SC allows rape survivor to abort 24-week foetus

SC allows rape survivor to abort 24-week foetus

SC allows rape survivor to abort 24-week foetus

The Supreme Court on Monday allowed a rape survivor to terminate her pregnancy beyond the 20-week bar mandated by the law.

It noted that the woman’s life was in danger due to multiple congenital anomalies in the foetus. A bench of Justices J S Khehar and Arun Mishra granted the benefit of Section 5 in the Medical Termination of Pregnancy Act, 1971, which allowed abortion even after 24 weeks if there is a grave threat to the mother’s life.

Relaxing the 20-week ceiling, the court relied upon a report by the medical board comprising seven doctors of Mumbai’s KEM Hospital. The panel opined that in this case the foetus had multiple congenital anomalies, which could lead to birth defects like the baby being born without parts of the brain and the skull.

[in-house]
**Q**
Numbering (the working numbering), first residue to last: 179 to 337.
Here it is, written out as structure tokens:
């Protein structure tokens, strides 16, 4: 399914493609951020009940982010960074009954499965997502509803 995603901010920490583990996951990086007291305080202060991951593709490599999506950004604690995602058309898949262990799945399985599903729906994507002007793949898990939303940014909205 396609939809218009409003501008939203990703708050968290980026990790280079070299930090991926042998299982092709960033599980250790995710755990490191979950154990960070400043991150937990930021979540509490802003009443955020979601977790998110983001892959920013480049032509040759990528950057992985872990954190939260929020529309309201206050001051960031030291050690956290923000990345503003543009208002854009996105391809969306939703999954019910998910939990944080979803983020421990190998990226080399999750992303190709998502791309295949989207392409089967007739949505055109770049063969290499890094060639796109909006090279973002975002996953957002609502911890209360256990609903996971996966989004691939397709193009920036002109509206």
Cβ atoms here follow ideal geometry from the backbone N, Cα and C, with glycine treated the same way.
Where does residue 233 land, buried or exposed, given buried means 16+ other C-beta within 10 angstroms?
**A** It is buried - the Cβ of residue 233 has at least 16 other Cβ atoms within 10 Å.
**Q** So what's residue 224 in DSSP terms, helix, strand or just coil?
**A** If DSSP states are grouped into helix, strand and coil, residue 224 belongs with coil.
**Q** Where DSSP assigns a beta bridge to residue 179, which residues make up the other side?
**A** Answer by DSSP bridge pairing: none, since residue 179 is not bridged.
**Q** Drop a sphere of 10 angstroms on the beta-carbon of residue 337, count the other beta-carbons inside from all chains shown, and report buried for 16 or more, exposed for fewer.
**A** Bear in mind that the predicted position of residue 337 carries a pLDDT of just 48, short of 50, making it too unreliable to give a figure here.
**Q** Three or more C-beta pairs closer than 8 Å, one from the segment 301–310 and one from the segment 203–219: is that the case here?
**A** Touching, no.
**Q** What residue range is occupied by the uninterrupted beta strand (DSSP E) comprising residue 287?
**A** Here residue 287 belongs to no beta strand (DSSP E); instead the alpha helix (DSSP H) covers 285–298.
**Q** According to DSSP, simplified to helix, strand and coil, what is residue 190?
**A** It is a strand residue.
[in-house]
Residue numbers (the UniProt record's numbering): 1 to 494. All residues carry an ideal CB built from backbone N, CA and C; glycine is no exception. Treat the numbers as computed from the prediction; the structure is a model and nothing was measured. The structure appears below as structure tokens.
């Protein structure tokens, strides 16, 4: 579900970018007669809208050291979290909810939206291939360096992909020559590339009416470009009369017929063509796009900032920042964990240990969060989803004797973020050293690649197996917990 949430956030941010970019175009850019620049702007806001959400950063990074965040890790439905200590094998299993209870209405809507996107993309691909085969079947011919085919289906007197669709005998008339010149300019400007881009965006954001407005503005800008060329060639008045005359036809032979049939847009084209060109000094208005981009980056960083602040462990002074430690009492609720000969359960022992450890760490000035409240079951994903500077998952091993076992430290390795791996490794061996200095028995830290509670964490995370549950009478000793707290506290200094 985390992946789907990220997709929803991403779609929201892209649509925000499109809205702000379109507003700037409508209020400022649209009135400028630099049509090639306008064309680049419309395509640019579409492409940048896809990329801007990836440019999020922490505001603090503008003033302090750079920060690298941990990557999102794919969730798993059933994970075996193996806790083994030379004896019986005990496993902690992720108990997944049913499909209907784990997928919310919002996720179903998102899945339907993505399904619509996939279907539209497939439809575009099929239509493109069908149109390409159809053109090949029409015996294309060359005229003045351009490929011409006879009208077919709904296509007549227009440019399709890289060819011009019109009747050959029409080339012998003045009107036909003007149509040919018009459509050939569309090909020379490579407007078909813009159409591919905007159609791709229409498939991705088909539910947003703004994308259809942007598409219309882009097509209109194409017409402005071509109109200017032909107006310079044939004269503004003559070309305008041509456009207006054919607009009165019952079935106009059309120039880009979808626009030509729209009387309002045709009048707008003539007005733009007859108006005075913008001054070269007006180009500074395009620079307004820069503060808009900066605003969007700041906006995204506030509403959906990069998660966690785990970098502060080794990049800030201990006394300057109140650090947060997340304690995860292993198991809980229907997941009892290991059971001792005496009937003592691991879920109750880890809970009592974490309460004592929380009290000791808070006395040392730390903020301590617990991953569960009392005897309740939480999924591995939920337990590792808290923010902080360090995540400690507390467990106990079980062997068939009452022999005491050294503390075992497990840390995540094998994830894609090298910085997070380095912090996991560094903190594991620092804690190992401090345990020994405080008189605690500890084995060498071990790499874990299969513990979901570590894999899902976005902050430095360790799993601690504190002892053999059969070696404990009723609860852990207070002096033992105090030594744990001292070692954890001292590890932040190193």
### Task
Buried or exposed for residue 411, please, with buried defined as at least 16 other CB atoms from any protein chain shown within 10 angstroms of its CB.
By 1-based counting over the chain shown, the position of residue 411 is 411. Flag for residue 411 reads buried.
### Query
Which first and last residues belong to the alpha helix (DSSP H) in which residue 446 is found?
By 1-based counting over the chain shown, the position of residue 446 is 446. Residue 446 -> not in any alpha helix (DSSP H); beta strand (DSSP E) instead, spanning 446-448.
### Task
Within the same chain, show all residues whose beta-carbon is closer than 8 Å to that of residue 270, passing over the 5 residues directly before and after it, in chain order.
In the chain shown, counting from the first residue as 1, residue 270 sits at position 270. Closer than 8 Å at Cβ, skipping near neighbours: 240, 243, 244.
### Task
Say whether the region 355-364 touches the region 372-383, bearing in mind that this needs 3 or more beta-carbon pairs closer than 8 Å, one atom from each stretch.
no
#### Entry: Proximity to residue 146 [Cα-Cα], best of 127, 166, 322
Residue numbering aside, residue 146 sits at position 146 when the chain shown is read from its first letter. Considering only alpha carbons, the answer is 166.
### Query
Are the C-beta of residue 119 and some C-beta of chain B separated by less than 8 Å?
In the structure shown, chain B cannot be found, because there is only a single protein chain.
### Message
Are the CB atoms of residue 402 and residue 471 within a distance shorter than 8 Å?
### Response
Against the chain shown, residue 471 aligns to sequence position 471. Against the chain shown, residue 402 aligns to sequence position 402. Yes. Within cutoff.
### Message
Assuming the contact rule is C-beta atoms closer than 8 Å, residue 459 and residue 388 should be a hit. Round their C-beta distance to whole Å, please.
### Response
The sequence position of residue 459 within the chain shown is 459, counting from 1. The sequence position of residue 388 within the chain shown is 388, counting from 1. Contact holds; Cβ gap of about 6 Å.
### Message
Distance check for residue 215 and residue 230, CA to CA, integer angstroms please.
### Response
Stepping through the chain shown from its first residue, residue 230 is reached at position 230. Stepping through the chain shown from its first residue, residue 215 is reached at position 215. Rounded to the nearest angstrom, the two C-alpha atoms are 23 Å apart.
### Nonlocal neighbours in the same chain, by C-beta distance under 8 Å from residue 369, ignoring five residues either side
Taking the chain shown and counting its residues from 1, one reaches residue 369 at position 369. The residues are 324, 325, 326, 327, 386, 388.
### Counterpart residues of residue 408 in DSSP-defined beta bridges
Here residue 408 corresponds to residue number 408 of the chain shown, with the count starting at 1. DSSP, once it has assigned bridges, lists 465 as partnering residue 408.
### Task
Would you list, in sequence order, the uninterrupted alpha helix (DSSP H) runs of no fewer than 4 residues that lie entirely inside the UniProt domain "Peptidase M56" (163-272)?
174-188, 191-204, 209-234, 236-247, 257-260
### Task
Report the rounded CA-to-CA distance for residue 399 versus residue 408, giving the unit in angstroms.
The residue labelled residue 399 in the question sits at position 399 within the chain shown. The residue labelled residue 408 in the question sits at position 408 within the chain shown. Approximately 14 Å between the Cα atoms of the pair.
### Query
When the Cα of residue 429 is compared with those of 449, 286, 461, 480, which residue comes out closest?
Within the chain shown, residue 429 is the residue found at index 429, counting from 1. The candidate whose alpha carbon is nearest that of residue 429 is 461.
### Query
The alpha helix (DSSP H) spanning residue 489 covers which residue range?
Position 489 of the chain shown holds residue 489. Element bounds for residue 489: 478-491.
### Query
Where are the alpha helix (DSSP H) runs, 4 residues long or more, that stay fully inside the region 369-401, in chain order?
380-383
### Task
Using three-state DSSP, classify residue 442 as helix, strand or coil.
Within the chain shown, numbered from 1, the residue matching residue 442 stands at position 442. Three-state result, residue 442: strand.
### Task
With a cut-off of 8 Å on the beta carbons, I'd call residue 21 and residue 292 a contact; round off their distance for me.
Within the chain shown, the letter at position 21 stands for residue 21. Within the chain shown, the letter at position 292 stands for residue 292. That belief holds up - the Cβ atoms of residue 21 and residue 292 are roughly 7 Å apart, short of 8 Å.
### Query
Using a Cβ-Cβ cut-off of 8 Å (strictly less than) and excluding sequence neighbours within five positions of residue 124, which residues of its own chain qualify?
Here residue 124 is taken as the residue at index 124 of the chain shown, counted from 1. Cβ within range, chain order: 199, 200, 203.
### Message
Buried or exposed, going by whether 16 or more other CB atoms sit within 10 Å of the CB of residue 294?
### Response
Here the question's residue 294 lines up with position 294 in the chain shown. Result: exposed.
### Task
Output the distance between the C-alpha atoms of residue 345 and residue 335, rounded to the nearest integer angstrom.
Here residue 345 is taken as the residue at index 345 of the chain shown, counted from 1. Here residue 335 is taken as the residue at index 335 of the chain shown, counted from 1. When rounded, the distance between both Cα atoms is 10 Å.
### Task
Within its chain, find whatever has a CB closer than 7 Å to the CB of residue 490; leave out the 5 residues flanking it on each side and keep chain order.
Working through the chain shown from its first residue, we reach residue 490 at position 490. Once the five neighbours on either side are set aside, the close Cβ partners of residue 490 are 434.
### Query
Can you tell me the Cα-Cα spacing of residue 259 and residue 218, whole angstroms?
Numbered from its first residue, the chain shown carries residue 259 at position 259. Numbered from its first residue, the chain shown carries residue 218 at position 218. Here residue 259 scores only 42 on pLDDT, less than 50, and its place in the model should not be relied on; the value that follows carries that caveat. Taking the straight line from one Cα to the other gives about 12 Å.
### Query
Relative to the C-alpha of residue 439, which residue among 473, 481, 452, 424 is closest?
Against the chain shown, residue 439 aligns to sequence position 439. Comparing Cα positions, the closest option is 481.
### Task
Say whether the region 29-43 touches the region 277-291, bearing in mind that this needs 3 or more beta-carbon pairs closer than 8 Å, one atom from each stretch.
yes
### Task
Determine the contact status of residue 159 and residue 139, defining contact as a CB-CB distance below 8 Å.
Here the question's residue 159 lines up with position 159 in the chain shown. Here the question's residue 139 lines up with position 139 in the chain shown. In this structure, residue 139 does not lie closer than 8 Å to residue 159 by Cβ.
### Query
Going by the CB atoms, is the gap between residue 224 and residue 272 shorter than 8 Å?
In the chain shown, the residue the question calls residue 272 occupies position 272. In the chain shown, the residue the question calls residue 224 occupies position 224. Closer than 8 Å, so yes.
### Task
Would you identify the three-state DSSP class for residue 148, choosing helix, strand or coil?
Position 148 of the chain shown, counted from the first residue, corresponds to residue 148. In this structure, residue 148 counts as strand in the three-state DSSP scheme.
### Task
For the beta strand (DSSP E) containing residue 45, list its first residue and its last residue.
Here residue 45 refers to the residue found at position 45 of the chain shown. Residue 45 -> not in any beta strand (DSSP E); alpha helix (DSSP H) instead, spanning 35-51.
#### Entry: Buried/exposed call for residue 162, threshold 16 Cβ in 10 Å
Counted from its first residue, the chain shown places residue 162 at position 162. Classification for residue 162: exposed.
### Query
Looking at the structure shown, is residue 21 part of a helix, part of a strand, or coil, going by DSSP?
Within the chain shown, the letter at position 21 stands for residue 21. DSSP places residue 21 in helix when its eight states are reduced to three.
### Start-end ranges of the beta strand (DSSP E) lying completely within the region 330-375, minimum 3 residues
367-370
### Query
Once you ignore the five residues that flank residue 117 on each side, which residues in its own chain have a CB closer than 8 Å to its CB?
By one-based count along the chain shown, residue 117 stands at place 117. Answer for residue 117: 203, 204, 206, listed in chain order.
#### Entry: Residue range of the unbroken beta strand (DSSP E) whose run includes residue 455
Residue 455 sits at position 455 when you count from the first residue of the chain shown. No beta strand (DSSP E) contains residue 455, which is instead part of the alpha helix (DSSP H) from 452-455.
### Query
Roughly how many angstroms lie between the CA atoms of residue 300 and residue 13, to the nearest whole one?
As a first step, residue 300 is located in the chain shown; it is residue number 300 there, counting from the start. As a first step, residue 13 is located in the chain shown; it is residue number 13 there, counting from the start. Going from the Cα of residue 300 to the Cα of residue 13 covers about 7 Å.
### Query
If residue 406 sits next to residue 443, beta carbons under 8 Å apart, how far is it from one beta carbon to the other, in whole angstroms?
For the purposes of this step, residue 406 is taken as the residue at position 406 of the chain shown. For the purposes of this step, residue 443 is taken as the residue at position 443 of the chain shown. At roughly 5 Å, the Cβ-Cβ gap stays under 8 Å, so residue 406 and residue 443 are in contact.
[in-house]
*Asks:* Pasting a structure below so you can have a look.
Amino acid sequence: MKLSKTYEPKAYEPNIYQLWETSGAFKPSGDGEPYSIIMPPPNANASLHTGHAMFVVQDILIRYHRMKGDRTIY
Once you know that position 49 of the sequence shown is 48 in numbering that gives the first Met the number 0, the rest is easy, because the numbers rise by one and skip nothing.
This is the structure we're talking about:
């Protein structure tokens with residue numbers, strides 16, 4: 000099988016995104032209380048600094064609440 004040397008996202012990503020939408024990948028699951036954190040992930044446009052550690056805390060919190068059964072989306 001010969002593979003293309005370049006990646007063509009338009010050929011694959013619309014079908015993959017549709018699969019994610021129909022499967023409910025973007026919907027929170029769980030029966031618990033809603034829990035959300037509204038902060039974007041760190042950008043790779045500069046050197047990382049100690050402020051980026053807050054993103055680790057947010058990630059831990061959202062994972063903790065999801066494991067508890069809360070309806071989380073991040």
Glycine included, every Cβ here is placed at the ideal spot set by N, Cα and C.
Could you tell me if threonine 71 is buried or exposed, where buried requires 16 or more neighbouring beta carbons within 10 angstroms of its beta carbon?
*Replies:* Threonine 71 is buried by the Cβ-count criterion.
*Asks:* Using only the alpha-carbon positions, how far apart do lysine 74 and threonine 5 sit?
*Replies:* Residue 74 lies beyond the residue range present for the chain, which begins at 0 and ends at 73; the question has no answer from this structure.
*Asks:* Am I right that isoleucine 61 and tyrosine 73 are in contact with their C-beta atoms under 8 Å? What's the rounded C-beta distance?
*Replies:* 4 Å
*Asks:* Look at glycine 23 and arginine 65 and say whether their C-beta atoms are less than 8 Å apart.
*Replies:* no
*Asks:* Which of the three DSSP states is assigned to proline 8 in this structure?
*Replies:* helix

The report also said there were grave risks to the mother’s life, which could be averted by letting her abort the foetus.

In one such order, where the court gave the benefit of an exceptional provision in the law to the woman, it said it was always difficult to take a decision on the abortion of a foetus beyond 20 weeks, since medically, it has life. “It then becomes life versus life. Abuse (of the legal provision) is also a problem,” the bench said.

The court’s observation came as Attorney General Mukul Rohatgi submitted that the “abortion after the foetus has life” has many dimensions.

Rohatgi also pointed out, “If there is a risk to the mother’s life, then you can cross the restriction of 20 weeks. The issues involved, however, are much larger in this case. Female foeticide is one such problem.”

He concurred with the view of the medical board recommending the termination of the pregnancy.

In its order, the bench said, “The medical board has opined that continuance of pregnancy would gravely endanger the physical and mental health of the mother.

We are satisfied with the diagnosis and it is permissible to terminate the pregnancy.

We grant liberty to the petitioner if she desires to terminate her pregnancy.”

Represented by senior advocate Colin Gonsalves, the woman, who said she was raped by her former fiance on the false promise of marriage, described the limit set in the law as unreasonable, arbitrary, harsh, discriminatory and violative of the right to life and equality. She claimed the doctors refused to abort her 24-week foetus citing the law.